The problem with the self-love movement

Addie Michaelian, Staff Writer

A short scroll through my Instagram feed usually includes a variety of motivational quotes such as: “you must first and foremost love yourself,” “don’t be too hard on yourself,” “you deserve to be happy,” “your desires are valid and should be fulfilled.” The list goes on. These sentiments all belong to what I have labeled the self-love movement that is sweeping through our society relatively unquestioned and visibly transforming our culture. 

This movement not only permeates our social media feeds, but flourishes on the bestselling book lists and even subtly pervades our churches, displayed through messages such as “you are enough,” and “you are worthy of love.” Our culture has made self-love into a type of savior, believing that our problems and failures result from a lack of self-love. These shallow characterizations obscures the true meaning of self-love and the beauty of self-denial. 

True self love desires the best for ourselves and the highest pleasure, which might mean choosing self-denial, over fulfilling every desire. In a culture that glorifies temporary pleasure, it becomes easy to justify unhealthy indulgence in the name of self-love. Further, our feelings and desires do not automatically define reality, and fulfilling them does not always benefit us or others. Our culture of self-love settles for the easy and the feel-good solutions, when true pleasure often lies at the end of self-denial and a greater love for God, not ourselves. The British theologian C.S. Lewis argues, “No, your desires aren’t the problem. The weakness of your desires are the problem. You are like a child fooling about in slums with your mud pies because you can’t imagine what a holiday at the sea is like.” True self-love means pursuing Christ’s beautiful desires for us instead of our own.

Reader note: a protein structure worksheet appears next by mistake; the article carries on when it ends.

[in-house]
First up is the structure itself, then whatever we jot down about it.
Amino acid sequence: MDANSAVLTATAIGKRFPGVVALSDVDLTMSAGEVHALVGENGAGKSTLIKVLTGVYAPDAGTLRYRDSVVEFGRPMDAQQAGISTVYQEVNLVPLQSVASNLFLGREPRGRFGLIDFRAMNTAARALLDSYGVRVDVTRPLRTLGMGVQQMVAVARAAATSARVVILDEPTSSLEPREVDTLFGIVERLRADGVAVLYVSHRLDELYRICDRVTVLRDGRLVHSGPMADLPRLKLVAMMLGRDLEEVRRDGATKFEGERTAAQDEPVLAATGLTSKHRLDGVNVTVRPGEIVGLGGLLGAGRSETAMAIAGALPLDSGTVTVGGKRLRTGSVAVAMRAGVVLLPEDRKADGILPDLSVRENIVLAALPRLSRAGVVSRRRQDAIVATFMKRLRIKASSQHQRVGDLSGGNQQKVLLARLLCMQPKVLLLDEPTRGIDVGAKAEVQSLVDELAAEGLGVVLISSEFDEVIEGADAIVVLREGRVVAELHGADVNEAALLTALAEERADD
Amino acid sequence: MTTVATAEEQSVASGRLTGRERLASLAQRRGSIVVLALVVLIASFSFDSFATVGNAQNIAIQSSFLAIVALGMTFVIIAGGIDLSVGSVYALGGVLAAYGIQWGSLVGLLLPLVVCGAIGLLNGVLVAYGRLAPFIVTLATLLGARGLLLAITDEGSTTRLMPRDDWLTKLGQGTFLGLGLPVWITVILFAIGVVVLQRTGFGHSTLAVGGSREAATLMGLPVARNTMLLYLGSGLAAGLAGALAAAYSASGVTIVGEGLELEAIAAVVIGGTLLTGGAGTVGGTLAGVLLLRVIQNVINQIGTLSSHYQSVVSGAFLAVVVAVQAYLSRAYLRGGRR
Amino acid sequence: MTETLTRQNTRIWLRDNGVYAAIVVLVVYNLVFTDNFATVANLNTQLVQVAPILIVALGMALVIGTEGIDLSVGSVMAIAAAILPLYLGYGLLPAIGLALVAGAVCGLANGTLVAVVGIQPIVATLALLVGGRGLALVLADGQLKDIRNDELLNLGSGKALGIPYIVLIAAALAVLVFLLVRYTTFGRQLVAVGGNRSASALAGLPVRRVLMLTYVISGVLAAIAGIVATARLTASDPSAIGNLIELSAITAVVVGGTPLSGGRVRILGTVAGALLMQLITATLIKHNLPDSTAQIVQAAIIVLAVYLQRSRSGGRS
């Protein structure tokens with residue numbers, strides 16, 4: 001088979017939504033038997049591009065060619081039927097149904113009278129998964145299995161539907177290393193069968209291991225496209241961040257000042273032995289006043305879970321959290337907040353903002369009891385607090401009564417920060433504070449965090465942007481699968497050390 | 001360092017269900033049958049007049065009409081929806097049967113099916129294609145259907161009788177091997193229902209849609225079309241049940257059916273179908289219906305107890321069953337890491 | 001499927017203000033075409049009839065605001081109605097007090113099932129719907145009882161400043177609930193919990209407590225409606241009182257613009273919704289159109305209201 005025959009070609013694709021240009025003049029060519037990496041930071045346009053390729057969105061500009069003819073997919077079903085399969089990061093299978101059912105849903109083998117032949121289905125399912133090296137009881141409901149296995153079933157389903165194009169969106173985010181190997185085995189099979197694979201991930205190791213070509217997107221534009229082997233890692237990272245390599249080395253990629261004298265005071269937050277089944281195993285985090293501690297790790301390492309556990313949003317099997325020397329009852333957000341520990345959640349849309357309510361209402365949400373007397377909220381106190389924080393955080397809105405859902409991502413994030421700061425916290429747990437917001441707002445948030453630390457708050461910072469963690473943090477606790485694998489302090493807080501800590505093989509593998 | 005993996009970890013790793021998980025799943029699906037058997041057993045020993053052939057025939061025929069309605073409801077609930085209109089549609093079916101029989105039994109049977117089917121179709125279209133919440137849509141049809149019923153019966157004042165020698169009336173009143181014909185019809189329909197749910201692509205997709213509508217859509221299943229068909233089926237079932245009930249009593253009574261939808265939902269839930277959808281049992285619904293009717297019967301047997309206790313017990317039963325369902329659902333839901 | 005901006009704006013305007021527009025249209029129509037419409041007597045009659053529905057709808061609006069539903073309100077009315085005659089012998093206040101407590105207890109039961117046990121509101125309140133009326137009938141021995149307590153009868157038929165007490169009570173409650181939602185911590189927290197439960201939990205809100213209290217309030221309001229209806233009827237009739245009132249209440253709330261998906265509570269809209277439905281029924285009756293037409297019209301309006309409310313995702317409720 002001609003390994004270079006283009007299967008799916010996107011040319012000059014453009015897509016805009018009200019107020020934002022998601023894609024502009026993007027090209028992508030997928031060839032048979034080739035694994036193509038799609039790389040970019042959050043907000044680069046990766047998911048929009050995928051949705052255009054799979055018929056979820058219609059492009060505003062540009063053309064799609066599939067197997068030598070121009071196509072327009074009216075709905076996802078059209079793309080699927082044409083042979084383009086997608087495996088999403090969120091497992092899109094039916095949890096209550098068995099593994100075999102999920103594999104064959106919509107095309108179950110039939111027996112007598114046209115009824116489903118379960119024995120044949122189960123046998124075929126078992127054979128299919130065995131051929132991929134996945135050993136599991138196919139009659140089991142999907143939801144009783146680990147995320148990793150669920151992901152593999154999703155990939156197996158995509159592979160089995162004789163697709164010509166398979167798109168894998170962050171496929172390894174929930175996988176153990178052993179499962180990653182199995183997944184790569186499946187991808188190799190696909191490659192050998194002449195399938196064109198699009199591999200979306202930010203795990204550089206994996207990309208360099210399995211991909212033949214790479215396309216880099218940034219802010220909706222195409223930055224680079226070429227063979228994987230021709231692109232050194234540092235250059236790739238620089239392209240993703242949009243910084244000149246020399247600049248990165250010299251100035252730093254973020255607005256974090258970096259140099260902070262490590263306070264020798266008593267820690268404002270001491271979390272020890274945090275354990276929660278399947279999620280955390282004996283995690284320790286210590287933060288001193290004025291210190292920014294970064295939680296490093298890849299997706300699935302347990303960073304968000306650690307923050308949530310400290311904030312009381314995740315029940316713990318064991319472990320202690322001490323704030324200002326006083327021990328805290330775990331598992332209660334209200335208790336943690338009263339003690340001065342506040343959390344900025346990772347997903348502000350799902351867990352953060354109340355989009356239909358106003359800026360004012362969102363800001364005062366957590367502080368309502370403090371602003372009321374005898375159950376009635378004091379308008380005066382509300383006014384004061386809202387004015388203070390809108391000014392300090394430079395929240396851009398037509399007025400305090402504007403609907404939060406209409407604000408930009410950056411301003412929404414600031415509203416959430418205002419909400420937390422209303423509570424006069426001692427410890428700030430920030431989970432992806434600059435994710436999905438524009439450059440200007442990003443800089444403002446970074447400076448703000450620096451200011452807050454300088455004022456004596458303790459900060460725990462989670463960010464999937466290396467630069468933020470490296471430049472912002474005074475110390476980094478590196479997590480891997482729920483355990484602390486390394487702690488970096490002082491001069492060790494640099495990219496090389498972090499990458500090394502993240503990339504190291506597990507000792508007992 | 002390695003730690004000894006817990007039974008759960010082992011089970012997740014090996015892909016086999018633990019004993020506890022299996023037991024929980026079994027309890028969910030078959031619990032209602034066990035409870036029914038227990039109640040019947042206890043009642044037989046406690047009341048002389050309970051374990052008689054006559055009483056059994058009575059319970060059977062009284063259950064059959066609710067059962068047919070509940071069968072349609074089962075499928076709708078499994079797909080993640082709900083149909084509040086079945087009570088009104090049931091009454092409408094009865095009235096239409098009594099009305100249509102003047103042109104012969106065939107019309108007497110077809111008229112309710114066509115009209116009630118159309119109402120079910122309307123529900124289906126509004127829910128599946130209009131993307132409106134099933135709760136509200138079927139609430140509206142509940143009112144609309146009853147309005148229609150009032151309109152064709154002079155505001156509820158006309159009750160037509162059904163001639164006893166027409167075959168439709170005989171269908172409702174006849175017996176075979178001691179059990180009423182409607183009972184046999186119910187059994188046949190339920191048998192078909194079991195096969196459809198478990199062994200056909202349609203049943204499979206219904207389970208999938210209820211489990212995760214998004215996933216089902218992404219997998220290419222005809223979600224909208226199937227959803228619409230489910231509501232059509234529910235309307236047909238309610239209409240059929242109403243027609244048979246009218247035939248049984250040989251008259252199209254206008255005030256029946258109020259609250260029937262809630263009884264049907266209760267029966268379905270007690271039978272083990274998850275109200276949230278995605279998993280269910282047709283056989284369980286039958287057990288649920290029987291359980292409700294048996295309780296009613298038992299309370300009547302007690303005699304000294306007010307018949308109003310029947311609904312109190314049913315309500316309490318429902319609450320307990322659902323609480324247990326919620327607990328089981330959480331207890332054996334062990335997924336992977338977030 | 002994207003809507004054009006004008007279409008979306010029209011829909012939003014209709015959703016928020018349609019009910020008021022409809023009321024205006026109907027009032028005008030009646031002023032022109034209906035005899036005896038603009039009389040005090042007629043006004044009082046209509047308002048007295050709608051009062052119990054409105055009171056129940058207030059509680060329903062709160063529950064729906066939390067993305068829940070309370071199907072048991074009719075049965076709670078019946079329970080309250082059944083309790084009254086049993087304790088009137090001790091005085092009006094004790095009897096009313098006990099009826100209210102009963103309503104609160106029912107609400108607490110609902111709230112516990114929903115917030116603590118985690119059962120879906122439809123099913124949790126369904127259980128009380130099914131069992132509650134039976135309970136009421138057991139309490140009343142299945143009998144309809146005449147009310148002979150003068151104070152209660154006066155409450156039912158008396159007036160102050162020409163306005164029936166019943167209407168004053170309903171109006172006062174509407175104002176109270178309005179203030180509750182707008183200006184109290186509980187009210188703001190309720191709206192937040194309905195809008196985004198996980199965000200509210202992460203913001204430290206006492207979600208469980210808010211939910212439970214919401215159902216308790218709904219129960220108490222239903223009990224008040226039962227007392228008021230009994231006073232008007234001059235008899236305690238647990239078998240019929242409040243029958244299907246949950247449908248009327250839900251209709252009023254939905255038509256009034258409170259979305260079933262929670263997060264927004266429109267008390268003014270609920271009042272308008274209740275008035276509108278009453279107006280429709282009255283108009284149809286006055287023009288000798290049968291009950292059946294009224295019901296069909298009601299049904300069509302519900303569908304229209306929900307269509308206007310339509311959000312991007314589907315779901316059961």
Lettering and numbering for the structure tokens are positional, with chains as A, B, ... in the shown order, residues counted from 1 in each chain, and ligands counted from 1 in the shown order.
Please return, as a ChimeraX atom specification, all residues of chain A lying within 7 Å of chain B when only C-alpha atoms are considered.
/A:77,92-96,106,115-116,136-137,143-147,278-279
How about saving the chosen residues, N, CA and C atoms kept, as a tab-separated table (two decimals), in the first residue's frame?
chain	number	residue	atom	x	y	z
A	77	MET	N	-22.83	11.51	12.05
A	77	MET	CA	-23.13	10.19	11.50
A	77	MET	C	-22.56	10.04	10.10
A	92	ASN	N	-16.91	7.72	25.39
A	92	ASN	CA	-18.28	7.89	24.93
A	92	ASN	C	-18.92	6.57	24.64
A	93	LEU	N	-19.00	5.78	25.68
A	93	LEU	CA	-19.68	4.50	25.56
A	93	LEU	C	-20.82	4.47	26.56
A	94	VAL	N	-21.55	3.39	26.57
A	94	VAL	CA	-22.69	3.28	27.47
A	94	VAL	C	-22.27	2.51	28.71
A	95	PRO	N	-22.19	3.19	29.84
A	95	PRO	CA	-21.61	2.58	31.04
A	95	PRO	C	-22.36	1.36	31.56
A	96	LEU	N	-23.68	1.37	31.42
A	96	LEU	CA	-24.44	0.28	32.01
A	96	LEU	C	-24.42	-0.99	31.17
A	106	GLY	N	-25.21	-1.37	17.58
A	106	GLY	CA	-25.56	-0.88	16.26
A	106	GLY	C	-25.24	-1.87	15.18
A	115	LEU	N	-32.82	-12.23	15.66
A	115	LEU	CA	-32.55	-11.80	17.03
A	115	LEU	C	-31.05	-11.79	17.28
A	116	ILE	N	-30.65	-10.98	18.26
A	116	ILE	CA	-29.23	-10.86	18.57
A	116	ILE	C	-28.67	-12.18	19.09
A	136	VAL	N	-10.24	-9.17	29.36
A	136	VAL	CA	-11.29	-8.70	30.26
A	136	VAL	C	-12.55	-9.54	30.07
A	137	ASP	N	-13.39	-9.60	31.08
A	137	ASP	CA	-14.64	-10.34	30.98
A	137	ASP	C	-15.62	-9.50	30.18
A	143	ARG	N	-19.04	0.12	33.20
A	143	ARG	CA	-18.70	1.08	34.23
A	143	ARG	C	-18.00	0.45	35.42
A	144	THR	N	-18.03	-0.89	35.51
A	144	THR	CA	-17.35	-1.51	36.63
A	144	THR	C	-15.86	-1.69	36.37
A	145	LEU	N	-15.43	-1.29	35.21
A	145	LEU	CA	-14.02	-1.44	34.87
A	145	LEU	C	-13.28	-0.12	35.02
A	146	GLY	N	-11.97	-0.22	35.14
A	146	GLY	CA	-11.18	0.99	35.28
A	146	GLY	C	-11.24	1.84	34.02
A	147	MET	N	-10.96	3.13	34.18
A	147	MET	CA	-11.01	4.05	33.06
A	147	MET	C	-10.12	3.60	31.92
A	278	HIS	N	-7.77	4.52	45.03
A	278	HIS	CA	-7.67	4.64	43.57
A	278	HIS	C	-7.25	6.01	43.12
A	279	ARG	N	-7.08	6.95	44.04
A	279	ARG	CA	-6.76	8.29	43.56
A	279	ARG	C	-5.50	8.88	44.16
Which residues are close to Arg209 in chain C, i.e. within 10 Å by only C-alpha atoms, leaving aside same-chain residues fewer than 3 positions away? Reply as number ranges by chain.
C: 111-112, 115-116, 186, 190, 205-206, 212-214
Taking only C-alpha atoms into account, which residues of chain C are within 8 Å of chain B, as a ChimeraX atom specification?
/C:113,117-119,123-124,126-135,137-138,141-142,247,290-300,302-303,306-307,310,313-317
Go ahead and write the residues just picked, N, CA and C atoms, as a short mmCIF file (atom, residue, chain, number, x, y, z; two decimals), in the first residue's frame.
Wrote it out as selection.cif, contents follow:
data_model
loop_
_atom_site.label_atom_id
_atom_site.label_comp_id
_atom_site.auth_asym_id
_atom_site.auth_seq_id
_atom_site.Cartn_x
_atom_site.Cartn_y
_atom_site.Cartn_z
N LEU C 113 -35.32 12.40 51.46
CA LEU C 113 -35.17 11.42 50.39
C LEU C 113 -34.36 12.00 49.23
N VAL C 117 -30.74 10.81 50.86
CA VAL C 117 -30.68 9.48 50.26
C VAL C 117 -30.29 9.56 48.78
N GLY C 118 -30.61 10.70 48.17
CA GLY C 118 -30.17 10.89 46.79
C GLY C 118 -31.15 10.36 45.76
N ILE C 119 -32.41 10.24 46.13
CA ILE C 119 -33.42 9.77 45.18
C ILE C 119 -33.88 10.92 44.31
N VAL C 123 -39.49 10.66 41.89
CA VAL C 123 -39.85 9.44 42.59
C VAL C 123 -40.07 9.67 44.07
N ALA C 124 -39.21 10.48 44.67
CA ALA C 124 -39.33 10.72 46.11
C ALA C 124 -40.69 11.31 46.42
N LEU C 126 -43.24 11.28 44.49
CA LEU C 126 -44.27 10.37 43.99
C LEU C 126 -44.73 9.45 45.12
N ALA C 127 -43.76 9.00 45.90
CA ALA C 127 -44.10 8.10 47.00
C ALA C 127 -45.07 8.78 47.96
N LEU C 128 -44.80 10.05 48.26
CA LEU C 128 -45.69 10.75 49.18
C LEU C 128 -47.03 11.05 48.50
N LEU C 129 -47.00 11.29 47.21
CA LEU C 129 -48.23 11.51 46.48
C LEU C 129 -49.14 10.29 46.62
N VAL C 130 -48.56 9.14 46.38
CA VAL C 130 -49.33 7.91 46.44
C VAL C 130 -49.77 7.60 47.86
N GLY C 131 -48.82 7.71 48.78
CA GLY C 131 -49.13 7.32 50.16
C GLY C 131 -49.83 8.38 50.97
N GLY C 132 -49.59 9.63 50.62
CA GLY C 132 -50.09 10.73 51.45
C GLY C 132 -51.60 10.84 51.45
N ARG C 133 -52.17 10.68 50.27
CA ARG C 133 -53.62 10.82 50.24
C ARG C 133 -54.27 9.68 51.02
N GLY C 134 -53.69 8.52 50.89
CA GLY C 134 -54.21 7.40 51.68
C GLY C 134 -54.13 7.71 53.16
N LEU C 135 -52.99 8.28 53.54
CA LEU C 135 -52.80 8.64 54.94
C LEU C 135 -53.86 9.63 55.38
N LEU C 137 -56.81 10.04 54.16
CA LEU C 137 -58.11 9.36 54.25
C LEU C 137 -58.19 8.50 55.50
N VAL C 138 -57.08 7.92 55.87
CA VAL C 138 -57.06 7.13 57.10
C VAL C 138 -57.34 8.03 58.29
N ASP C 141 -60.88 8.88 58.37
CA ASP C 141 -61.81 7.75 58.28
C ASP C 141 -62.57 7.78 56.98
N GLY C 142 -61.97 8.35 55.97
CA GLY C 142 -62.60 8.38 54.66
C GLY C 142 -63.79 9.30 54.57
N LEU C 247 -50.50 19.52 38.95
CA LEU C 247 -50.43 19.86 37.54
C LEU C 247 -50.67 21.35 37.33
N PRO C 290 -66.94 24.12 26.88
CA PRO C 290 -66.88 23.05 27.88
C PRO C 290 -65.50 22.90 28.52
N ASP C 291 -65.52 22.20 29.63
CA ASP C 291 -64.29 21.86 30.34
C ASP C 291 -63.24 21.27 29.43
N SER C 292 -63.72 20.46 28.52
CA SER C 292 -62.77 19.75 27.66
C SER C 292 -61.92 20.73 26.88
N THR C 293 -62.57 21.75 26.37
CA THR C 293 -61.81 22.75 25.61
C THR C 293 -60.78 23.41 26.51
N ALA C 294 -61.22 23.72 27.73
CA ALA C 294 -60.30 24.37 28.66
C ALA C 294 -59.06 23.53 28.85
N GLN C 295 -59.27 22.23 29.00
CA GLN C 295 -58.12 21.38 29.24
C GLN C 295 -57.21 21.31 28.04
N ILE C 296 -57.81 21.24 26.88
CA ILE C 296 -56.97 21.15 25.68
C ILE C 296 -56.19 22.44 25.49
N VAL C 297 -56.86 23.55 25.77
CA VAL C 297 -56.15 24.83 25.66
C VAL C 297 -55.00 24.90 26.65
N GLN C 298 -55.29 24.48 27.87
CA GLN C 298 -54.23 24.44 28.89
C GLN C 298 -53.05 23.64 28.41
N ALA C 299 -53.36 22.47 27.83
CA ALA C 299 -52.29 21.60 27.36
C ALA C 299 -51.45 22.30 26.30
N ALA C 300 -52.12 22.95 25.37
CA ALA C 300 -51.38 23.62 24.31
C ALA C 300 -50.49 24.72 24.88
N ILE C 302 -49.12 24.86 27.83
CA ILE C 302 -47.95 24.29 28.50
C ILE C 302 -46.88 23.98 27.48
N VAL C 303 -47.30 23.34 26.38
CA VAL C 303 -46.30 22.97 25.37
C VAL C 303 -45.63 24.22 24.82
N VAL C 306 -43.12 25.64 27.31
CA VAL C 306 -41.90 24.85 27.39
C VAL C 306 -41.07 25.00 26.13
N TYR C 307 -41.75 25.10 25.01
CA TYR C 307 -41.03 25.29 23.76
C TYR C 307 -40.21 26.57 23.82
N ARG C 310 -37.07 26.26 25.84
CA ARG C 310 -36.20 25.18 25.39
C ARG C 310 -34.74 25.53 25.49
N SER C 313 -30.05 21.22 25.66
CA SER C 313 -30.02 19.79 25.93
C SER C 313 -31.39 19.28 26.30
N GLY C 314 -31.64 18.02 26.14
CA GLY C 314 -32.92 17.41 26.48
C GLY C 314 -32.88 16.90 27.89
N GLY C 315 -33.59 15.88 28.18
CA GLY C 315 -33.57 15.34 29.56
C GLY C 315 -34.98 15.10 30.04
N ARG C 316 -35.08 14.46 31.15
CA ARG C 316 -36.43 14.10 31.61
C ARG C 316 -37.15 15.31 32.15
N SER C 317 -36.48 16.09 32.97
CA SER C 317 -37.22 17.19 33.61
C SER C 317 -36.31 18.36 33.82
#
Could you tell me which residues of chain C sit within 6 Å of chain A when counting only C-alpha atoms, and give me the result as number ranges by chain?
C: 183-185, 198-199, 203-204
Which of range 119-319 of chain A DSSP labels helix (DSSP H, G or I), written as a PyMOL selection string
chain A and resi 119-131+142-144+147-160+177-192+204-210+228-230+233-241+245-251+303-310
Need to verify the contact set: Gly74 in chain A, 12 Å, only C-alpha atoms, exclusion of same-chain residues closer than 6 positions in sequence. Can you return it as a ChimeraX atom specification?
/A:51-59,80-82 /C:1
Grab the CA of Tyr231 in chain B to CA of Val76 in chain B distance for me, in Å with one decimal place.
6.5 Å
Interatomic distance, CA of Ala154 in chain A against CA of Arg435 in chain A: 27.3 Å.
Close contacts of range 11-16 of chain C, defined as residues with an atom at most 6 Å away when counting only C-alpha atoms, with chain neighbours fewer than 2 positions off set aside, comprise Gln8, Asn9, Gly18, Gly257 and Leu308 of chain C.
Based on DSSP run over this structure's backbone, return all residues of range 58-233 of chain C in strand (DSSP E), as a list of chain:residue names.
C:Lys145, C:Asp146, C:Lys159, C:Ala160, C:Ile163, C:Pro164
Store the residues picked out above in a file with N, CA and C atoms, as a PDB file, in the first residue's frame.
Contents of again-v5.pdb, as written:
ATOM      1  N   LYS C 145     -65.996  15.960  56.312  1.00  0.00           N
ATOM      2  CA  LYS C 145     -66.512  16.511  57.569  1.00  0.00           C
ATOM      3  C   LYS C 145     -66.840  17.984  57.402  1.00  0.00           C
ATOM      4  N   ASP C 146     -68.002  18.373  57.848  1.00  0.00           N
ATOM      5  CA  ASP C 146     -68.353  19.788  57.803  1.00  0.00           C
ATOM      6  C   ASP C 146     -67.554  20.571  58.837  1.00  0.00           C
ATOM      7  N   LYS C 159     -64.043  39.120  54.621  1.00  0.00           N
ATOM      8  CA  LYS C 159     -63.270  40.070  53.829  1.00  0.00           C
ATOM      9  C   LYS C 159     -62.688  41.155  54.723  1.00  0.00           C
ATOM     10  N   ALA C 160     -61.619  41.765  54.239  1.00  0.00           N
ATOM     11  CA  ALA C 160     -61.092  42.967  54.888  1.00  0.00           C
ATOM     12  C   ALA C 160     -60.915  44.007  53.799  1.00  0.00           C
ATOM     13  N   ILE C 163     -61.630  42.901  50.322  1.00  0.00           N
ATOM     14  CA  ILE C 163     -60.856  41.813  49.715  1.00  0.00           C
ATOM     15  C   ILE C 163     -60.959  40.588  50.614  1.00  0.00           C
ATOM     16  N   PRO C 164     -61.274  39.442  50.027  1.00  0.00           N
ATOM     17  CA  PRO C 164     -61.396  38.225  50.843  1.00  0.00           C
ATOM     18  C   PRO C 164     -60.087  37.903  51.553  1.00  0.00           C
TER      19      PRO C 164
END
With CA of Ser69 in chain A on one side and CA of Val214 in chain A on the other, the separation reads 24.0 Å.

Further, the contemporary self-love movement presents us with a skewed perception of ourselves that will ultimately lead to dissatisfaction and broken relationships. True joy flows from reckoning with our own insignificance and sinfulness, and standing amazed at a God who chooses to offer us undeserved love and grace. Our relationships will inevitably fail us, but God has chosen to keep pursuing us when time after time we have slammed the door in his face. Christ’s example on the cross blatantly contradicts our culture that tells us that in order to love others we must put ourselves first.  

Finally, today’s self-love movement idolizes happiness. Society tells us to seek happiness at all costs, and abandon anything or anyone that hinders this feeling. If we are not happy, we automatically assume that something must be wrong with us or with our relationships. The self-love movement’s idolization of happiness results in unrealistic and damaging expectations. Jesus didn’t promise us happiness. We live in a fallen world filled with grief and pain. Why are we surprised when we feel its effects? Yet, Jesus did promise us enduring joy, which may not always result in tangible feelings of happiness. Rather, it provides an abiding peace and beautiful hope in the midst of our world of uncertainty. The self-love movement’s unending quest for happiness will inevitably result in exhaustion, and prevents us from resting in this true joy. 

The next time you are scrolling through social media and inevitably encounter a sleuth of quotes praising the power of self- love, pause and think. How is this person defining self-love? What if the true meaning of self-love is deeper and more lasting than anything we could ever have imagined?

 

Ransom Bergen